We arrived in Florence with very high expectations. Everyone from friends back home to hotel owners and waitresses we have met on the way have told us that we were going to love the place...
And I did. I loved it. I can’t really tell you why though, but I did. I just loved being there. Despite being quite busy and more tourists than I would have liked (I lived in Oxford, I’ve had my fill), it was just a beautiful place to be. It felt relaxed, no pressure.
We only had the day, so we didn't want to be standing in line or shuffling around museums for most of it, we just wanted to enjoy being in the city, so we went with no real plans of what to see. The only thing that was on my to do list was to see 'David' and of course the only day the Accademia is closed is a Monday, alas next time! But we did find the Il Duomo di Firenze and the Palazzo Vecchio Tower. We crossed the Ponte Vecchio. We ate gelato, we drank wine,
Across the Arno lies the Piazza Michelangelo, which promises beautiful views over the city, although at the price of a steep hill and a lot of stairs ...
It was worth the blister. The views were breath taking and Florence wore the sunshine well.
But I had found, through another travel blog, that only a little further up is the church, abbey and cemetery of San Miniato. Just far enough for the crowds not to bother with it, but according to them the views were unparalleled ...
It was worth the second blister.
A bus ride (yes ladies and gents, I got Demos on a real live bus, with other people and everything!) to our home for the night and a quick change later we drove ten minutes north to a restaurant our host had recommended to us, and I’m afraid I am going to have to beg your forgiveness again, because I must talk about the food.
We’ve eaten some incredible food on this trip. We are blessed with the ability to always choose the best thing on the menu, I, through much experience, have found that you can not go wrong with asking the waiters opinion, and Dem is a natural. But tonight was by far the best of this holiday, and possibly my life. I know how big a statement that is, trust me I do not make it lightly. We are total foodies. We live in London, the best city in the world and currently the culinary capital of the world, and have both travelled quite a lot, we have been fortunate enough to have eaten Michelin starred food, as well as having family and friends that create truly magical dishes, but this was just something else.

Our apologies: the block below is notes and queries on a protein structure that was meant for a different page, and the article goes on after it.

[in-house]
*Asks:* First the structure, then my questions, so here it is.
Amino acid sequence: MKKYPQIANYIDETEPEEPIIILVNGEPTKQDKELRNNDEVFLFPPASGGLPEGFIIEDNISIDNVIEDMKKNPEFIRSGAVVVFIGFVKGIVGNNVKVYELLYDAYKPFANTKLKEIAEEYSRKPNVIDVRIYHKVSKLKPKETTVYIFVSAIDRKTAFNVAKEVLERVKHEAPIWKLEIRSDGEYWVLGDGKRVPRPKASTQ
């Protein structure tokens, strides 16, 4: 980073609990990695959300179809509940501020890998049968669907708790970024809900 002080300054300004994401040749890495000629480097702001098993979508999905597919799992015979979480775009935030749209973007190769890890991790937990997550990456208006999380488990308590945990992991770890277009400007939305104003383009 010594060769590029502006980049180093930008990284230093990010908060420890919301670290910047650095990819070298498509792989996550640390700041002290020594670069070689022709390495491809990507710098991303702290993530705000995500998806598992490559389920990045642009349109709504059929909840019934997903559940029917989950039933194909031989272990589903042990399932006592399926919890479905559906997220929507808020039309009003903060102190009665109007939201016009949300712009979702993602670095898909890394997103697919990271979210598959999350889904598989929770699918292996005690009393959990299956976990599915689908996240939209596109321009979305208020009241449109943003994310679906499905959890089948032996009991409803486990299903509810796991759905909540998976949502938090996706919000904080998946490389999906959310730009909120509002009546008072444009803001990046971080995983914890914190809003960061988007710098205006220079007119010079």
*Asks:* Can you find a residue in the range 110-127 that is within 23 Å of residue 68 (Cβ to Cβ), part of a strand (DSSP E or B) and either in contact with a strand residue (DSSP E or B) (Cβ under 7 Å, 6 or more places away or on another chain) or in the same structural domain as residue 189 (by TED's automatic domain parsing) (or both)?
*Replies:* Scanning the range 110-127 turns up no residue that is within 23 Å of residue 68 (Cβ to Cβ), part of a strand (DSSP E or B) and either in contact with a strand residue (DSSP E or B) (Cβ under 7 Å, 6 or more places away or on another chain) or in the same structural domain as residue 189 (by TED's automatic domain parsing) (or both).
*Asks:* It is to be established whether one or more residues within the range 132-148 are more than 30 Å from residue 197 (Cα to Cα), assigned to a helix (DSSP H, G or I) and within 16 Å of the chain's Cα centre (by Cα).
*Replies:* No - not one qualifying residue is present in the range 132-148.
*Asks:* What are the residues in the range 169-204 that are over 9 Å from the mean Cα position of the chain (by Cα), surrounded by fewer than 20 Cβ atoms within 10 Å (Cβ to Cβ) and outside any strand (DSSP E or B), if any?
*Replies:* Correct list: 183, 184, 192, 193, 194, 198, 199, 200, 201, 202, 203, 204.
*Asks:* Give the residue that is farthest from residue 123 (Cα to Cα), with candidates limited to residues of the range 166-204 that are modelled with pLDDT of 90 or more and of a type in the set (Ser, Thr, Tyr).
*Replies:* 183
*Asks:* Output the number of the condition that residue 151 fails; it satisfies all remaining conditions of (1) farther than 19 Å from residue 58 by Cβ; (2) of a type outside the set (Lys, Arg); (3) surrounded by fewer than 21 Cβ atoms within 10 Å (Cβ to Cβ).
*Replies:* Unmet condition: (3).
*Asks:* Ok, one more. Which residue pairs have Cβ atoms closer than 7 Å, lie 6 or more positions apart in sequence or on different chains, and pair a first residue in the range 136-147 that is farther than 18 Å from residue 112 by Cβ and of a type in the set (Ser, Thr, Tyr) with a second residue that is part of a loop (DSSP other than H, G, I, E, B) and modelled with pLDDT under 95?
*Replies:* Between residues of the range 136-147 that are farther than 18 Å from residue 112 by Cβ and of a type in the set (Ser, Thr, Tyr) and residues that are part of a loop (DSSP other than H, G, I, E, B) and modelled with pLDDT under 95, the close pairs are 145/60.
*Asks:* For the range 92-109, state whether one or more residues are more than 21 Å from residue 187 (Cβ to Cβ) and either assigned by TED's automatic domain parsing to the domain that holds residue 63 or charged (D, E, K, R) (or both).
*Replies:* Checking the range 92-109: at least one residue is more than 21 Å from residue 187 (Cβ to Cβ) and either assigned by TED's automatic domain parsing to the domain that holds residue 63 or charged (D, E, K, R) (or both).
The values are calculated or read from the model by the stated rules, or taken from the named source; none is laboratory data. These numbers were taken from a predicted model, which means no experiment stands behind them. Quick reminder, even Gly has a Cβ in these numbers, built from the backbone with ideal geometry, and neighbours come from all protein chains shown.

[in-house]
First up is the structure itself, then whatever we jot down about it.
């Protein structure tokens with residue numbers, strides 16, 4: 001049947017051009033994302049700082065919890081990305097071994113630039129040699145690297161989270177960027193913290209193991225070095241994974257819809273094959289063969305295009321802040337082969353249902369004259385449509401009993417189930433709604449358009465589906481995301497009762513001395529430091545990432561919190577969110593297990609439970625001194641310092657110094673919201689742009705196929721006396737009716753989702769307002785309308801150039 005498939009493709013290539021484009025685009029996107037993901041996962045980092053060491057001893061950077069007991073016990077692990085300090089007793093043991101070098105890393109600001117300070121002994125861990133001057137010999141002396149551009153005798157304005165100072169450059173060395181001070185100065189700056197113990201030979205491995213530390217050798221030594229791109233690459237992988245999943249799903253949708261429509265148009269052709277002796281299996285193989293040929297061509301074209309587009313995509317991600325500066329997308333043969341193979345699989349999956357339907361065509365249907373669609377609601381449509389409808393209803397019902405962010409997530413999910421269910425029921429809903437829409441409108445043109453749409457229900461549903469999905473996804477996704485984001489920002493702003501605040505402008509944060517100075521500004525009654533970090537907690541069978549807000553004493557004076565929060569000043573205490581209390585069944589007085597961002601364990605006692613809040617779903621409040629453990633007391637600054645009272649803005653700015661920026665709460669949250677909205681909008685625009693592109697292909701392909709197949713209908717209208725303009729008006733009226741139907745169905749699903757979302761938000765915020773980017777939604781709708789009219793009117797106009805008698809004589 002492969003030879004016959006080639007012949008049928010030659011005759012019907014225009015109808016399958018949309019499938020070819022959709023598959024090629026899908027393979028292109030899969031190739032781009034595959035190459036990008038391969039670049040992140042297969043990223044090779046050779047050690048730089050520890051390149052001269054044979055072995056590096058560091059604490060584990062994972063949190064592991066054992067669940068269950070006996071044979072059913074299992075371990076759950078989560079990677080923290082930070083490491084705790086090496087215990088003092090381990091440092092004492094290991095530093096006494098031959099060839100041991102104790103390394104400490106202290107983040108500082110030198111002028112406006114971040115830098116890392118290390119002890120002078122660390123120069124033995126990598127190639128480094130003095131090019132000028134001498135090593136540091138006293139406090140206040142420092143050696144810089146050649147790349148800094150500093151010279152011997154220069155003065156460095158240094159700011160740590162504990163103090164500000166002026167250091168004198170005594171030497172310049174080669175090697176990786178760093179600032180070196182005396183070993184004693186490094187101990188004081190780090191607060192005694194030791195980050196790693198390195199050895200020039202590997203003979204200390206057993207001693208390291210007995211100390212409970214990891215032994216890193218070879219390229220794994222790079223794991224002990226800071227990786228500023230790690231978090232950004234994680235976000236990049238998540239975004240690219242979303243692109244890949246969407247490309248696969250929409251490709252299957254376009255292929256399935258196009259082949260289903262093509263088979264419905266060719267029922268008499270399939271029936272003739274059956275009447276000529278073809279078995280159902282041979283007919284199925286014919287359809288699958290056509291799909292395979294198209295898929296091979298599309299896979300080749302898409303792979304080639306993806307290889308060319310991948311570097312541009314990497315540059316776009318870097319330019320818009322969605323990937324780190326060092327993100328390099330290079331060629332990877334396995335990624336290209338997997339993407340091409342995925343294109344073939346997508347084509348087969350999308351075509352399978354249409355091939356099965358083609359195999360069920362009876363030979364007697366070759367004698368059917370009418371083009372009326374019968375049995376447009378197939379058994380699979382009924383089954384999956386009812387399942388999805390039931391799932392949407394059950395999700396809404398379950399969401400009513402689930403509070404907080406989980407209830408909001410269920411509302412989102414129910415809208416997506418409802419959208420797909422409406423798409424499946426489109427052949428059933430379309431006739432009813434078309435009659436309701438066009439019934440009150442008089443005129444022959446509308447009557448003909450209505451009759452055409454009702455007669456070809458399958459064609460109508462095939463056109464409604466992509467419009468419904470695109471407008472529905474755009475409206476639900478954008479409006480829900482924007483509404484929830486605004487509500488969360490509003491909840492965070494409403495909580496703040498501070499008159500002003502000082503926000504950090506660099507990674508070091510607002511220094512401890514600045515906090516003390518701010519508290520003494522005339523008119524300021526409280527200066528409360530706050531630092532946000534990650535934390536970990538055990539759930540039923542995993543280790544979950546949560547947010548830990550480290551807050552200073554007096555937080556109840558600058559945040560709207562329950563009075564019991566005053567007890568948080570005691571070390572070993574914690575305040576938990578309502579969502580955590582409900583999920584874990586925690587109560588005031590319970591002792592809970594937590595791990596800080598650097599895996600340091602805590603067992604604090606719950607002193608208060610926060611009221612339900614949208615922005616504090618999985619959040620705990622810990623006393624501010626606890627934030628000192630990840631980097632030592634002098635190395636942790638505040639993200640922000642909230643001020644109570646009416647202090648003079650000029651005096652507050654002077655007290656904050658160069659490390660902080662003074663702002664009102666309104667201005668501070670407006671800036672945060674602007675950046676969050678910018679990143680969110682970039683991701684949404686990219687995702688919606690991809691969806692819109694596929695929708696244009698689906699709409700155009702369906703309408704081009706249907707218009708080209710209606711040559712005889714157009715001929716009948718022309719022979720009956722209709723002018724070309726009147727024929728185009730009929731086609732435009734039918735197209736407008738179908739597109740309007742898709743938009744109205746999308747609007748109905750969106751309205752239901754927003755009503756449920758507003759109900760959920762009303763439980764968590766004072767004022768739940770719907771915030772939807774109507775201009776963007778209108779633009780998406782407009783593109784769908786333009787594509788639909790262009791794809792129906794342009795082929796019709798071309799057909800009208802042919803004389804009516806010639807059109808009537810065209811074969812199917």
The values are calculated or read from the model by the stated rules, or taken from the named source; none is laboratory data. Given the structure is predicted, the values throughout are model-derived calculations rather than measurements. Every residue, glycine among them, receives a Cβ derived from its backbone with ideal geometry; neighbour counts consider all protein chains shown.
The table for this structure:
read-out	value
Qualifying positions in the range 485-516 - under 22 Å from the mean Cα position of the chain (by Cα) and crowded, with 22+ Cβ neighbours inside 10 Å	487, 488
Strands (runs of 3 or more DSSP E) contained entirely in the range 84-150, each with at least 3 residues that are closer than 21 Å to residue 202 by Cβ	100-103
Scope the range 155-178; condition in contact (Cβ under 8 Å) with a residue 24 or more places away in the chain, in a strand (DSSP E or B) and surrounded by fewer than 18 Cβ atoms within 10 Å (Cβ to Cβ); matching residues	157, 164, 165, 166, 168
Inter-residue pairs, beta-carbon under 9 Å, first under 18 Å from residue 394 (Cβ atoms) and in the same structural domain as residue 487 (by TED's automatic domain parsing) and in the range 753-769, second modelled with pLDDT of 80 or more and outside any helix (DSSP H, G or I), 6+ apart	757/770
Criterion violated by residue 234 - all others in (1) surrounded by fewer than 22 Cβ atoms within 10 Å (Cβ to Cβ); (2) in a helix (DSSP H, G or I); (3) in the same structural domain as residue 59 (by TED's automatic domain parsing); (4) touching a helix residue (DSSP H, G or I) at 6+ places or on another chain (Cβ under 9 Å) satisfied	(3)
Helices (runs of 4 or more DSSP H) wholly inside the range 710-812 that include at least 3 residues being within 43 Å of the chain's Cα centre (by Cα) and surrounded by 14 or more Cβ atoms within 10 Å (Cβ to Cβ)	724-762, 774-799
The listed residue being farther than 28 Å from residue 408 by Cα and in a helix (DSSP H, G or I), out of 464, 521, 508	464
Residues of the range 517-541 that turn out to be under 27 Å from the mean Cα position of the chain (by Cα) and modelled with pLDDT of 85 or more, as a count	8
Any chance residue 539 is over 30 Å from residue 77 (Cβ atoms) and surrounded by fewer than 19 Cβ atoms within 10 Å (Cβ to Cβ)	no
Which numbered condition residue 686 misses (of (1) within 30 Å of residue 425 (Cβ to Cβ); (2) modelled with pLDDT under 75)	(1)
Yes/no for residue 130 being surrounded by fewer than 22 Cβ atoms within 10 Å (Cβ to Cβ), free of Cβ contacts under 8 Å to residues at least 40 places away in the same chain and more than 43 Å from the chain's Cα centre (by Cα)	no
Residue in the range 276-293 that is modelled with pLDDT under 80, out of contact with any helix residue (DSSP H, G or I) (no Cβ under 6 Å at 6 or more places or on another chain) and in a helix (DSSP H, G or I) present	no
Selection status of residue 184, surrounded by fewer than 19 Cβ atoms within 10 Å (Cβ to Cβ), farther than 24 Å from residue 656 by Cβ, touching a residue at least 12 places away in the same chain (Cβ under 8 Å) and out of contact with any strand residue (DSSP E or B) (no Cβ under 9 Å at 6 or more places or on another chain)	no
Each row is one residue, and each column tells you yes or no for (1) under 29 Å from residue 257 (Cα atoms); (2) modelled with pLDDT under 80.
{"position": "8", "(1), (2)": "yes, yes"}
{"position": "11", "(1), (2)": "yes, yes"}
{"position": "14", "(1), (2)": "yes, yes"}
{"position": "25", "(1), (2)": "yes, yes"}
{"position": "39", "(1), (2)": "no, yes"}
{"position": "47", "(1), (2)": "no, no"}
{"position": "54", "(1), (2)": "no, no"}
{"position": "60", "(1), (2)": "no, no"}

To get to La Riggia you have to park in the small town, on a hill, in the outskirts of Florence, and then scale the 100m, practically vertical, walk up to the restaurant.
You can not do it in heels. Trust me.
We were met with bubbles on a perfect terrace, seated at a table facing the twinkling town of Florence below and watched the sunset as we were asked to sample some of the local cheese and salami with fig marmalade. Taste bud explosion.
The owner came to thank us for coming, and gave his opinions on the menu, you couldn’t meet such a humble and lovely man.
I had the mushroom risotto to start, which was soft, buttery, oozy perfection. It was so good I wanted to cry. Dem had fresh pasta with more black truffle shaved over it than I had ever seen in my life. The wine was from Florence and beautiful.
Then we had beef with rosemary potatoes, Dem said it was the best steak he had ever eaten, and this boy has eaten a lot of steaks.
I took the waiters recommendation for dessert, although I was too full really, I couldn’t resist trying what I knew would potentially be my favourite dessert in history. It was. Dem had the creme caramel, which was as equally incredible.
They brought us dessert wine because they said we looked so happy. You couldn’t not be happy in that place. If I had a restaurant that is what I would want it to be like, and I think that is the highest compliment I can bestow. It was posh but not pretentious, classic but modern, relaxed but dignified. It was perfect.
We left sad in the knowledge that La Riggia is so far away from where we live.